The EU has become very authoritarian, at least in part as a response to covid 19. Things like budgetary constraints and free movement of people, which were declared sacrosanct in the past, have been dropped with alacrity now that covid has arrived. The public hasn’t been allowed a vote on any of this. Lockdowns, mandatory vaccinations, vaccine passports, creating a health Apartheid in the EU are all apparently fine. The EU, once soi-disant upholder of human rights has looked the other way. And EU Commission President, Ursula Von der Leyen, has said the EU must consider mandatory vaccinations across the bloc:

Asked whether she supported the Greek government in its imposition of a €100 (£85) monthly fine on those aged 60 and over who failed to get a Covid jab, Von der Leyen said the spread of the disease and lack of vaccine take-up in parts of the EU meant mandatory vaccination had to be on the table as a policy response.x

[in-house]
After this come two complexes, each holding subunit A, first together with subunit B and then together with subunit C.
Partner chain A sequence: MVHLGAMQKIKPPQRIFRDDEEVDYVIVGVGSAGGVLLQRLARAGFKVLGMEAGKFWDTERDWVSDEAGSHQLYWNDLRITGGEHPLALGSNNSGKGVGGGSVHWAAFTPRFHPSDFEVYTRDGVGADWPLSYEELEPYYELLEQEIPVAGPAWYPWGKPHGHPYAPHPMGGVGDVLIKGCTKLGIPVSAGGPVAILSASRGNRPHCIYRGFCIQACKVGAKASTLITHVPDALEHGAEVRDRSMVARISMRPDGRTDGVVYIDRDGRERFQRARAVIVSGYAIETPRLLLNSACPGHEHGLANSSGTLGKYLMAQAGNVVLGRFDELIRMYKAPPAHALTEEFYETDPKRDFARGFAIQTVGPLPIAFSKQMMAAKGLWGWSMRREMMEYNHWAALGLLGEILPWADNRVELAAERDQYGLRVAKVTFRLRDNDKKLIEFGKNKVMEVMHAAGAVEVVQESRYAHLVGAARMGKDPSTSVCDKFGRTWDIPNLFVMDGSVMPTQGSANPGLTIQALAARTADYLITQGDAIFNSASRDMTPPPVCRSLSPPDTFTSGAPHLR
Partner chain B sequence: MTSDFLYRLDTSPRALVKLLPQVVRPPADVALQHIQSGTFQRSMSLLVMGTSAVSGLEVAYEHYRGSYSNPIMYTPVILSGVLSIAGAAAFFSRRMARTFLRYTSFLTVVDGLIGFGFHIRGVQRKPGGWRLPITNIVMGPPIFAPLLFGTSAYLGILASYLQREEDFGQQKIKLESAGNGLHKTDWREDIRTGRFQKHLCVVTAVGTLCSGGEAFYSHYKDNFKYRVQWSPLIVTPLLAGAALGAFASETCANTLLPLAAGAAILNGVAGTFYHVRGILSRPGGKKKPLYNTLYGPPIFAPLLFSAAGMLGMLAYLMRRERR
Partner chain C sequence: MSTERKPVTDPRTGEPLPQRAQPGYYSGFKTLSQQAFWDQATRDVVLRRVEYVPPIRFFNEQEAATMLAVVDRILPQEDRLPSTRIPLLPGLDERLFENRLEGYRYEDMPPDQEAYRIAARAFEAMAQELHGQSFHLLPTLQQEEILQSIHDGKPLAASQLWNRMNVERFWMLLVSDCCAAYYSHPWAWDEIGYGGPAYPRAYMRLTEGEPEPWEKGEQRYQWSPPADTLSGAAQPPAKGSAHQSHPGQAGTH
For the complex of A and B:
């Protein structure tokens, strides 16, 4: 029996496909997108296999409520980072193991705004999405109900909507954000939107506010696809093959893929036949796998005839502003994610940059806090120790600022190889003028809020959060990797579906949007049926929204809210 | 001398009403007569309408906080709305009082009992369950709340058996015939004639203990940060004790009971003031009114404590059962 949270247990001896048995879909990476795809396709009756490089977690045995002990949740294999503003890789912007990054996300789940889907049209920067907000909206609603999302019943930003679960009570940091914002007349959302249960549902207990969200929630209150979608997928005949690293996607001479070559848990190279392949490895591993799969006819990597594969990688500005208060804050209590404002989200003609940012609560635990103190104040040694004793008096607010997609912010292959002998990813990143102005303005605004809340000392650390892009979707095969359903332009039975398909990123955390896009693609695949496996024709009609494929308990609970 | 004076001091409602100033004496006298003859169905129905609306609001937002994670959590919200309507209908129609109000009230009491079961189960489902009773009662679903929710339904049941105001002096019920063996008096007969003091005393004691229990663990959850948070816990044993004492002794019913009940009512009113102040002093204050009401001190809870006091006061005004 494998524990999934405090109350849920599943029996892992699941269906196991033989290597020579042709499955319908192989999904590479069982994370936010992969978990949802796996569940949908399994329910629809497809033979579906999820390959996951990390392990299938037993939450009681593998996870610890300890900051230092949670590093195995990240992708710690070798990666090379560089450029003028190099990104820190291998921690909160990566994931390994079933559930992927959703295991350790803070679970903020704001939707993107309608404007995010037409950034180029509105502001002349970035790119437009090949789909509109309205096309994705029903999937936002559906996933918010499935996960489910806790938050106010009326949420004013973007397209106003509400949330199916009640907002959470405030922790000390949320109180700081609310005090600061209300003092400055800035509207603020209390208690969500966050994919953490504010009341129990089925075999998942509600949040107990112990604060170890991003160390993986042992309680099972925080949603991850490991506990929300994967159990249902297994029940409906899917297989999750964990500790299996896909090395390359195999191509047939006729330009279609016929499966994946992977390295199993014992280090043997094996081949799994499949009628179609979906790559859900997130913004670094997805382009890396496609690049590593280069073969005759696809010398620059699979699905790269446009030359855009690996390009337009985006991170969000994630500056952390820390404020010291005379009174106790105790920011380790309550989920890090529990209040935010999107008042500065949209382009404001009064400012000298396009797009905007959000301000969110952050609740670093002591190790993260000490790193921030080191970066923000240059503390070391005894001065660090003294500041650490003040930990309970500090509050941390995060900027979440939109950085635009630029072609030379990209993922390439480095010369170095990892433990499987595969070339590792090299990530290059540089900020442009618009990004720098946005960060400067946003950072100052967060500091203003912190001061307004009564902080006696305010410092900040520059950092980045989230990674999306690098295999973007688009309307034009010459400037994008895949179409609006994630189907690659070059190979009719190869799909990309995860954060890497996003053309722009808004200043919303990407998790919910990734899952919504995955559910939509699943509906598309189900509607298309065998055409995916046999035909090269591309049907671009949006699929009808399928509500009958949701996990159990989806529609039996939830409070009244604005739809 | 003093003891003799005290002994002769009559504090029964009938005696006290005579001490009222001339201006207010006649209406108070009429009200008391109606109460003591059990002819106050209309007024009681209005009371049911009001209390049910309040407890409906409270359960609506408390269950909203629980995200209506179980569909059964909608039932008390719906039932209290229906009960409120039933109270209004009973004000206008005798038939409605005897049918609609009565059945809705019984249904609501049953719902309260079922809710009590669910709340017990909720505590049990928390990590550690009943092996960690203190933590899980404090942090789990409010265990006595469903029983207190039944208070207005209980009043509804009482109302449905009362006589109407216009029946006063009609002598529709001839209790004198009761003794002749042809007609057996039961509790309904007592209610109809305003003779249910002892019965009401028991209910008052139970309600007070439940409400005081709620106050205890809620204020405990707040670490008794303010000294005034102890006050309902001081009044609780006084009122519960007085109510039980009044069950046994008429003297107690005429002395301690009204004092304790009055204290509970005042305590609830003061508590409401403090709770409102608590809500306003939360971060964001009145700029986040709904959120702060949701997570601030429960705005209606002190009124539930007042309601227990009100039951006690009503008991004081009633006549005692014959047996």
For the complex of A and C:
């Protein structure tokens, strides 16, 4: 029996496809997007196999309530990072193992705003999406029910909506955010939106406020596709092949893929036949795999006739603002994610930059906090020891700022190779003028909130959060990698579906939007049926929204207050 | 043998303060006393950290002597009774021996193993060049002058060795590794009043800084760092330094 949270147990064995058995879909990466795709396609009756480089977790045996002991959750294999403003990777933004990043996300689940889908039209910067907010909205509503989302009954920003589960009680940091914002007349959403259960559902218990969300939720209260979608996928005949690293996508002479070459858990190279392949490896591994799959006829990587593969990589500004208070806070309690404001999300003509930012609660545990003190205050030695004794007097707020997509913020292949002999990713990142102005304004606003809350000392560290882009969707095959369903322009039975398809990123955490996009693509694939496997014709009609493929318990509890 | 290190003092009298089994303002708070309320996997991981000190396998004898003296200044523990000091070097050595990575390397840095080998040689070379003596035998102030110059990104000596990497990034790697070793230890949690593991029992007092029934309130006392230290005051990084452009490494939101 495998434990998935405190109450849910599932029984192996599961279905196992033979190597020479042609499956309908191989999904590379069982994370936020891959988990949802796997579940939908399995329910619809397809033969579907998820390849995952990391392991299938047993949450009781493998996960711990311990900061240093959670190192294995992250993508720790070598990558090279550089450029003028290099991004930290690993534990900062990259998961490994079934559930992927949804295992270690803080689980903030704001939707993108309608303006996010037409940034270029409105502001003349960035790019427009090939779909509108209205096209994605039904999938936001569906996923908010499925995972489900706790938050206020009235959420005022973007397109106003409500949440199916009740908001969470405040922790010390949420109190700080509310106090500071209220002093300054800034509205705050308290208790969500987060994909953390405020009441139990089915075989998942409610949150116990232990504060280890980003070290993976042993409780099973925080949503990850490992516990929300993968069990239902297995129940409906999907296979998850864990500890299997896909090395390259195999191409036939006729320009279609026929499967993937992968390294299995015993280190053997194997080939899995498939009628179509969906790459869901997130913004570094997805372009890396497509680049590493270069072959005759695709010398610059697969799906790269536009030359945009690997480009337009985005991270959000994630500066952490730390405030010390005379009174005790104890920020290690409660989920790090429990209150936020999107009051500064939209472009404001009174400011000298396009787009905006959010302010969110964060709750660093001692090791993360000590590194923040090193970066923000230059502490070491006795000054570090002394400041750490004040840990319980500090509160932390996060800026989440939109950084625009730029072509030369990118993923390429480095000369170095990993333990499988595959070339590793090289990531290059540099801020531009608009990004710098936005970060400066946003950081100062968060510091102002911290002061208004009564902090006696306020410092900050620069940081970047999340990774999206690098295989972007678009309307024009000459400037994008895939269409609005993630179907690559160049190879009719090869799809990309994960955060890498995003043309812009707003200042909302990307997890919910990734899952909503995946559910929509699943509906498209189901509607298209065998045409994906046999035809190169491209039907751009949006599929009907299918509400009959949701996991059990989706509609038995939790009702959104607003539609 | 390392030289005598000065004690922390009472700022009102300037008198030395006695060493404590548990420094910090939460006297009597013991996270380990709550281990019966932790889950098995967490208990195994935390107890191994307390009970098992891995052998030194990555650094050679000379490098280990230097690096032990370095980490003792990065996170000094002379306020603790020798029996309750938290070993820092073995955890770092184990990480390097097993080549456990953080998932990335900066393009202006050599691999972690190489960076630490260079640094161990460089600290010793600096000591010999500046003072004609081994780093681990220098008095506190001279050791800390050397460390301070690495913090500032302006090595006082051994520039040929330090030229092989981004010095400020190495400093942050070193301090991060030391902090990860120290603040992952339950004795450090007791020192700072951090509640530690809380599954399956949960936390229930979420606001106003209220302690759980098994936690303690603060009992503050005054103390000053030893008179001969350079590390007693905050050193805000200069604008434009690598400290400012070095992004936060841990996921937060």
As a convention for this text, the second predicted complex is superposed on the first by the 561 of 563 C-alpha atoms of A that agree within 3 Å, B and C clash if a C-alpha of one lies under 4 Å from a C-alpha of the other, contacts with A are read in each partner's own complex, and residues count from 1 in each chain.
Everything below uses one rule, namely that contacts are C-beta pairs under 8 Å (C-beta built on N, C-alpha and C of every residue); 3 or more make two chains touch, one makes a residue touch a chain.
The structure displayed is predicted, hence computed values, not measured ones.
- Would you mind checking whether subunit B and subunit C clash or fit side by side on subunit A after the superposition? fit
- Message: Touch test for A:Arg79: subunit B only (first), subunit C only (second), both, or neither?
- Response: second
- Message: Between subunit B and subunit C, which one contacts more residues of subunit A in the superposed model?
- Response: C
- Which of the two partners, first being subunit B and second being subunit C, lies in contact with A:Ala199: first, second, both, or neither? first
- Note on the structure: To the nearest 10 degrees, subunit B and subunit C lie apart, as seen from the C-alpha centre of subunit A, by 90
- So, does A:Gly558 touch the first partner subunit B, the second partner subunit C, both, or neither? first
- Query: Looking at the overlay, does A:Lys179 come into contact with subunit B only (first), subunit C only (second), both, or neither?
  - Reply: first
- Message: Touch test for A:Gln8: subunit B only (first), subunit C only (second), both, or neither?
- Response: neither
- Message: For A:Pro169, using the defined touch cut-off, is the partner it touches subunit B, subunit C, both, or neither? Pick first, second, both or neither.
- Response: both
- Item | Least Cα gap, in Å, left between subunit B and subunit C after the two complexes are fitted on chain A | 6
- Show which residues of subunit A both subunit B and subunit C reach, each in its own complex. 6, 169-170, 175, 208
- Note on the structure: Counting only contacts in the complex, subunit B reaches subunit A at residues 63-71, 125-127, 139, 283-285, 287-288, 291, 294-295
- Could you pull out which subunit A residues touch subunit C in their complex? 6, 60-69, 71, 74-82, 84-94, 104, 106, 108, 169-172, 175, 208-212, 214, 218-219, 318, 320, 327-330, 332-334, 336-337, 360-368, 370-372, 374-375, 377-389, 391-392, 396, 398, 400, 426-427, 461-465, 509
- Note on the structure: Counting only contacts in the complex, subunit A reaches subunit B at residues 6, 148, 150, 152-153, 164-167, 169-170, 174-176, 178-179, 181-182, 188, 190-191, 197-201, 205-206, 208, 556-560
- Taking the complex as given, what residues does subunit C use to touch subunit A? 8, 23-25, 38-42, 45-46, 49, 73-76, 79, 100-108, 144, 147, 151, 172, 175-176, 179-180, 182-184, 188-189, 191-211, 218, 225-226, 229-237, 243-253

And it isn’t just the EU that has behaved in an authoritarian way. UK politicians fell over themselves in the aftermath of the Brexit referendum result to find reasons to declare it illegitimate and non-binding. They may or may not have been correct to do so, but its strange that nobody suggested before the vote that it’s result would be non-binding (something to do with a general expectation that the UK population would vote to continue the UK’s membership of the EU, perhaps). In the end, it took the referendum, local elections, an EU election, and a general election to achieve the democratically-expressed will of the British public. Not a shining example of democracy at work, and an early sign of the increasing authoritarianism affecting the British public sphere.